Making the workplace unbearable: profile of a bully

| Aug 28, 2020 | Employee Rights

Maybe you’ve been lucky enough across the spectrum of your career or spanning several different types of jobs to have escaped a workplace bully’s attention targeted specifically at you.

Or maybe you’ve seen firsthand and up close the behaviors of a bully and their pernicious on-the-job effects, but only when they’ve been aimed at co-workers.

Further still, it might be the case that you’ve been in a work pool that is broadly and collectively bullied, but you have simply learned to deflect the harassing and intimidating conduct or to fly under the proverbial radar.

Whatever the case, it’s virtually impossible to not note the presence of a bully and fail to appreciate that the work environment would lack toxicity and be materially better without his or her presence.

What types of behaviors does workplace bullying embrace?

It’s likely the case that survey respondents asked to define a workplace bully will come up with a wide variety of characteristics. There is more a collection of behaviors that flesh out a bully than there is any prototypical example. A representative list of bullying conduct will include entrants like these:

  • Persistent exclusion/isolation of a single employee or select group of workers
  • Imposition of work loads and deadlines that are impossible to comply with
  • Comments that are routinely belittling or critical in a broad-based way
  • Communication that is profanity-laden, threatening, delivered in a notably loud way or other singular manner
  • Disciplinary actions that penalize a targeted worker more severely than is the case with other employees
  • Micro-managing work to a point that makes its completion impossible

That bulleted group of behaviors is concededly varied and wide-ranging, but it serves as only a partial listing in a much broader universe of bullying conduct.

What can an employee do about workplace bullying?

Bullies in the workplace often shrug off their behavior as being merely a bit blunt and otherwise inoffensive. Most bullies fail to even note their harmful conduct, or simply don’t care whether it hurts one or more other workers Moreover, company managers often support such workers, especially if they are deemed productive.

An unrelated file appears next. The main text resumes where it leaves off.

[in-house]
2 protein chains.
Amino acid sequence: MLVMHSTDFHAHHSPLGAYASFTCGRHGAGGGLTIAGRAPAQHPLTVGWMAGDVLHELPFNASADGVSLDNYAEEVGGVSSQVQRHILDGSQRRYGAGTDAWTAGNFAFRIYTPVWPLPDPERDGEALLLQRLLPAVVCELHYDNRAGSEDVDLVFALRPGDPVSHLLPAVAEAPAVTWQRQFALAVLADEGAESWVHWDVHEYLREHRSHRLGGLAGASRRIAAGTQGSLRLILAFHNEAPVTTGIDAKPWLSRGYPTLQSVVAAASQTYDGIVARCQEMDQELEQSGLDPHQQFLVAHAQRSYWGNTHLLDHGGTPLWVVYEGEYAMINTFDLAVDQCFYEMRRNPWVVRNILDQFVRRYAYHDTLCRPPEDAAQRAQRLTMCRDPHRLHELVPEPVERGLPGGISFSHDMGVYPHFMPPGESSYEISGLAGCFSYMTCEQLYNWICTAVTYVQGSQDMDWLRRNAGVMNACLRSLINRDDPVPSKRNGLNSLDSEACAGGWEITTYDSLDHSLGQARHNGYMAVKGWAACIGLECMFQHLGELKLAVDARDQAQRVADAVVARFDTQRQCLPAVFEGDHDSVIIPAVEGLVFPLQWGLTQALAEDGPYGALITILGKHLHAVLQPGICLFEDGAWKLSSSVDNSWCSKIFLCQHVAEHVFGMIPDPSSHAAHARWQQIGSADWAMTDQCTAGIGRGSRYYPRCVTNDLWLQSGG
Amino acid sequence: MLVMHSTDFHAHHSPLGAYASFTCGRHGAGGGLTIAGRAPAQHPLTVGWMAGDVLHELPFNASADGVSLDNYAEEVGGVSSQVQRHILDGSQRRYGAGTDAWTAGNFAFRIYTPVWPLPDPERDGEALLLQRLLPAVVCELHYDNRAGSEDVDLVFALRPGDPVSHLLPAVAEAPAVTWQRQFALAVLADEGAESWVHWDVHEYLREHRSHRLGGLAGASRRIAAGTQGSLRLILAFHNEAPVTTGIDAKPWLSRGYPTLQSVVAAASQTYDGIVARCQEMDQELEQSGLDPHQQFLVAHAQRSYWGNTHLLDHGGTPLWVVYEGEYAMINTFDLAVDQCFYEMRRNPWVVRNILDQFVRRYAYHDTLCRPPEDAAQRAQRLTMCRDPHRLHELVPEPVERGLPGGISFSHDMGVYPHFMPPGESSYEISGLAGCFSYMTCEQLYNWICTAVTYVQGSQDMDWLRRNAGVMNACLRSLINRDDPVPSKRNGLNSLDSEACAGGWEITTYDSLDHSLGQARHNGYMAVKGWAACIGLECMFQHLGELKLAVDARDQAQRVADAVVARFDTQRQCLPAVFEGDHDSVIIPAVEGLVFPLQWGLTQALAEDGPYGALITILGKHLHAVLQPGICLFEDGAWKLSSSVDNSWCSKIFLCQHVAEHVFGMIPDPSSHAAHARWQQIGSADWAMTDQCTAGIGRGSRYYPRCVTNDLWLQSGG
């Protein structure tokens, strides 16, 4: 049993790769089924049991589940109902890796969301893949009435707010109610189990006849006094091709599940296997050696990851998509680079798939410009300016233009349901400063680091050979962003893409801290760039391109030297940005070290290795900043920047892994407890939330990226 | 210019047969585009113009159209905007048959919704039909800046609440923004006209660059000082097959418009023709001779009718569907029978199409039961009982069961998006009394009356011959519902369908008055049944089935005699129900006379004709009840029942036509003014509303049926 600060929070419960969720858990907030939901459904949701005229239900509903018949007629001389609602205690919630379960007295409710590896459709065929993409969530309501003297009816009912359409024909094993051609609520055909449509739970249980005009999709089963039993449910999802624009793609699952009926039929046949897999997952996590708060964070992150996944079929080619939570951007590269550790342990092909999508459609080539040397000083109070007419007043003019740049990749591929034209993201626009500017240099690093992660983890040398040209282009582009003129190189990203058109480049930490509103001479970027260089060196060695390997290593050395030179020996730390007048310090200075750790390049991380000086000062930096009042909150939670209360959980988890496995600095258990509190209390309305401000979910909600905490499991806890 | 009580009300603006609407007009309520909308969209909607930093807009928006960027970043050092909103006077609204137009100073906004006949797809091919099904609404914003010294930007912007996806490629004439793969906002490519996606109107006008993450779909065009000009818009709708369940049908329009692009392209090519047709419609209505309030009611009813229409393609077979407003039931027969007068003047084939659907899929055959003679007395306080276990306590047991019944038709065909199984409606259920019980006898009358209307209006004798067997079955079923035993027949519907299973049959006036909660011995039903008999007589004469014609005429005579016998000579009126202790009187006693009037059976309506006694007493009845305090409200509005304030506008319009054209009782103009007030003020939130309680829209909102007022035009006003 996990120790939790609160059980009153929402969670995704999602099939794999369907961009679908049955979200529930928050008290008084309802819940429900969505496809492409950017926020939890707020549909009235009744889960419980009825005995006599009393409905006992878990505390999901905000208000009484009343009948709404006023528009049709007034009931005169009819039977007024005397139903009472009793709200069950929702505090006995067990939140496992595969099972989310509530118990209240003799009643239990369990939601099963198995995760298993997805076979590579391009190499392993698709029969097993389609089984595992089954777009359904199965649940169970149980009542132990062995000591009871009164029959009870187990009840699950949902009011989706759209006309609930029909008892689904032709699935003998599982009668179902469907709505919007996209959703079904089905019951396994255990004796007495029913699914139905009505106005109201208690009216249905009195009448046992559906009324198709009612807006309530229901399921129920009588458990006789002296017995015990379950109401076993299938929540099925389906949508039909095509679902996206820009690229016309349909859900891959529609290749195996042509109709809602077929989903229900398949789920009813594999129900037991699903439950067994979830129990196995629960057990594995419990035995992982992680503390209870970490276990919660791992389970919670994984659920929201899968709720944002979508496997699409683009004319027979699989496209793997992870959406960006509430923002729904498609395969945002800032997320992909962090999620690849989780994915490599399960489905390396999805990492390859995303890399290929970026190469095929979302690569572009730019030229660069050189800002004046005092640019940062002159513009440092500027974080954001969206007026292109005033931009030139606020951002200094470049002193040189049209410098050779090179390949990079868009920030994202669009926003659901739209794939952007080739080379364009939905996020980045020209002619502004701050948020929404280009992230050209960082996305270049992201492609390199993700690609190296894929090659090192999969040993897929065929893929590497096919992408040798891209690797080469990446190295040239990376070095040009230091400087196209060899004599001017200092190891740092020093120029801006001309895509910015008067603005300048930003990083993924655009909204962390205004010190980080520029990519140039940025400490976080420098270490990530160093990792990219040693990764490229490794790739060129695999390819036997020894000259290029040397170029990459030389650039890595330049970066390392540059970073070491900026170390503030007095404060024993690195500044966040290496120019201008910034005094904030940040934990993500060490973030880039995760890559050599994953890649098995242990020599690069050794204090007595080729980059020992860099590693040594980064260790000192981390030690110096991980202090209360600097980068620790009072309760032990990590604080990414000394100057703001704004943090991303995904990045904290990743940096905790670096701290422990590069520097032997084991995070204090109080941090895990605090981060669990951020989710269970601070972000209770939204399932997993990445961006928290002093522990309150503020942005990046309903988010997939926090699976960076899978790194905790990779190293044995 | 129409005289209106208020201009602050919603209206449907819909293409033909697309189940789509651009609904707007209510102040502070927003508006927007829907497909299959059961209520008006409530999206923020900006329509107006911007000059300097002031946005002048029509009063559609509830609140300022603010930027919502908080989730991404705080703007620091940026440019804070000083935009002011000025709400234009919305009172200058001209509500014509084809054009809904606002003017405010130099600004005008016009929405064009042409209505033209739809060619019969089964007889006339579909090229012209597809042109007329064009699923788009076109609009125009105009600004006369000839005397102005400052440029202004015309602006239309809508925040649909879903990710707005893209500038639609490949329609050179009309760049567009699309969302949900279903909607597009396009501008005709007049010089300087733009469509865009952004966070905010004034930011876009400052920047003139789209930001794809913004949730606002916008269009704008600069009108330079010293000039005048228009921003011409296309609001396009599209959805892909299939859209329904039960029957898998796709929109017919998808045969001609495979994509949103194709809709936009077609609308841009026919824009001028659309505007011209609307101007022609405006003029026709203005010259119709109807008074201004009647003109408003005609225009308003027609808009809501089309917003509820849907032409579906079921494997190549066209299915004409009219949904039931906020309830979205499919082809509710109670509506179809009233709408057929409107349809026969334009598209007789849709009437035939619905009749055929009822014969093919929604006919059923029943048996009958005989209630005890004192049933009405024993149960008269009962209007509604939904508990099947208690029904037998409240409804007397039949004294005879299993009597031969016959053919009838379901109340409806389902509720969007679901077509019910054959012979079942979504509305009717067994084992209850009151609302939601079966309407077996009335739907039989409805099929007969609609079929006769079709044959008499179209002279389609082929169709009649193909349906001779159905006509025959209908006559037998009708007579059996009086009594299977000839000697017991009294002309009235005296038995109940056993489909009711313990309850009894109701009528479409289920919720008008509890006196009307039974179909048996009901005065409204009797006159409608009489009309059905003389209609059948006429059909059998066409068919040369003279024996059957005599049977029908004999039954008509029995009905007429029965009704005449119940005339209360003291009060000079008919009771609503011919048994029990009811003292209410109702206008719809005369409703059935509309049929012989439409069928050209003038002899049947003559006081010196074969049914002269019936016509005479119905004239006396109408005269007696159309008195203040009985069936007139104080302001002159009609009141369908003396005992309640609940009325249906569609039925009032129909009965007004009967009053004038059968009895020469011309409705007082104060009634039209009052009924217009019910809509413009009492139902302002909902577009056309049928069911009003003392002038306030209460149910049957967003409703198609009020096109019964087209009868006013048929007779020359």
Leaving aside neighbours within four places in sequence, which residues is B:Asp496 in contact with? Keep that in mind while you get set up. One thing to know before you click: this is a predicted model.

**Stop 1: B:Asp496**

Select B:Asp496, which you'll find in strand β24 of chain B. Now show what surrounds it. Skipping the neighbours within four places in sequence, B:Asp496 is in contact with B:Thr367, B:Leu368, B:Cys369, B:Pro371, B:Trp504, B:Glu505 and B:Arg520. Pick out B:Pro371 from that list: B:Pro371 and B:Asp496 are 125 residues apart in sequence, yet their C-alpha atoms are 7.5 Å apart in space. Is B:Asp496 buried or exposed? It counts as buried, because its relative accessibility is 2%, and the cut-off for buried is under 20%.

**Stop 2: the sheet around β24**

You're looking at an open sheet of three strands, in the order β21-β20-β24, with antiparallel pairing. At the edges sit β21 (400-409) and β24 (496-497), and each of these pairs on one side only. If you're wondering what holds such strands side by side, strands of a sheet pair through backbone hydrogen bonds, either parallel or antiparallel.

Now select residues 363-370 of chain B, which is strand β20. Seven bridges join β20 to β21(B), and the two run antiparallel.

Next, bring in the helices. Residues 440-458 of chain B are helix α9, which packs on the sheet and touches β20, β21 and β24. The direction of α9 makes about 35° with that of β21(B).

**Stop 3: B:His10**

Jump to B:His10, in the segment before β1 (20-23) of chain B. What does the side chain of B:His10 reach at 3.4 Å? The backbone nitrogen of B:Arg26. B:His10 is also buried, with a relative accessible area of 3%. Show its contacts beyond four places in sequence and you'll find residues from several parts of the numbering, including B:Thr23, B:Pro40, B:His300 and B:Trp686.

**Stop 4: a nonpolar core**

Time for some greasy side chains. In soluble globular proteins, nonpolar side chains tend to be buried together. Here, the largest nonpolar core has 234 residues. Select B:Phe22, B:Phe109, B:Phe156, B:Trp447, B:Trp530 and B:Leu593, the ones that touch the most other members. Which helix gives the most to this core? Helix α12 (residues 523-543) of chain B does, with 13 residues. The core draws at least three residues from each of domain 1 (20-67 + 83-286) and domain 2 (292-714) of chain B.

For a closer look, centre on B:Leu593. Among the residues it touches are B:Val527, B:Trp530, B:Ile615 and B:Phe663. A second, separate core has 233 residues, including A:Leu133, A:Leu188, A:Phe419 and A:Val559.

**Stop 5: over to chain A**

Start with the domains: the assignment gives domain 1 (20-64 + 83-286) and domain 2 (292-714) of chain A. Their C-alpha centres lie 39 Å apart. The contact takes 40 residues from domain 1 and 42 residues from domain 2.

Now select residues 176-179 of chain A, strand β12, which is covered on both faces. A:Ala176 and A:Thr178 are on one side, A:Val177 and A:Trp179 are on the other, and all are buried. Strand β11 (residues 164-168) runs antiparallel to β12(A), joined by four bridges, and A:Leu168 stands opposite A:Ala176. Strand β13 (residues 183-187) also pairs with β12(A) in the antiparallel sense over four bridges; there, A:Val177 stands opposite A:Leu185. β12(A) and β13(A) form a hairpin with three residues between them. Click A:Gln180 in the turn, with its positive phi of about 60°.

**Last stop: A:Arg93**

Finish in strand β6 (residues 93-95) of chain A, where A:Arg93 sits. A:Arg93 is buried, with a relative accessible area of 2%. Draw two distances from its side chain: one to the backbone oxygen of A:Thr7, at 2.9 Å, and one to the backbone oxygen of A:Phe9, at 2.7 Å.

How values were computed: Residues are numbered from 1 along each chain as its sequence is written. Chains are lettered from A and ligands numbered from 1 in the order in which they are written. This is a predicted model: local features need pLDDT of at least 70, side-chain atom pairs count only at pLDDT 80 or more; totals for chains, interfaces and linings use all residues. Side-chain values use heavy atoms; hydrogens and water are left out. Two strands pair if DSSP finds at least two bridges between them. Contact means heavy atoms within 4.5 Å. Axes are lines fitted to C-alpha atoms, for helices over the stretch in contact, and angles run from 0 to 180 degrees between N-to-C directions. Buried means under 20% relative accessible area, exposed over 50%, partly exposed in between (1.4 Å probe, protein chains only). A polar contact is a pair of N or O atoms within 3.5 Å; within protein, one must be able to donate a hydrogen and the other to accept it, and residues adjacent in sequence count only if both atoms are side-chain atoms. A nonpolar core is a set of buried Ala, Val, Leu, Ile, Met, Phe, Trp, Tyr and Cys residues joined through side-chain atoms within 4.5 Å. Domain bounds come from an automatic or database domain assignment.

Here is a point worth noting for a bullied workplace victim: Even absent a specific anti-workplace bullying enactment to rely upon in a claim, a bullied victim can often still turn to multiple federal and state legal statutes that safeguard against abuse. It bears underscoring that individuals discriminated against or otherwise mistreated in the workplace are often targeted because of a defining category that is allotted constitutional protection (e.g., race, gender, sexual identity, disability, religion and more).

The first logical move for a workplace victim to make often rests in directly confronting a bully and demanding a stop to harmful behavior. That might logically proceed in concert with reporting the conduct through formal company channels.

In some instances, though, successfully combatting a hostile work environment mandates a knowledgeable and aggressive response from a proven employment law legal team. That is equally true relevant to workplaces in both the private and public sphere.

If you are a bullied workplace victim, don’t remain passive. Take a proactive stance, because such conduct is anathema in the employment sphere and needs to be flatly eliminated.

Archives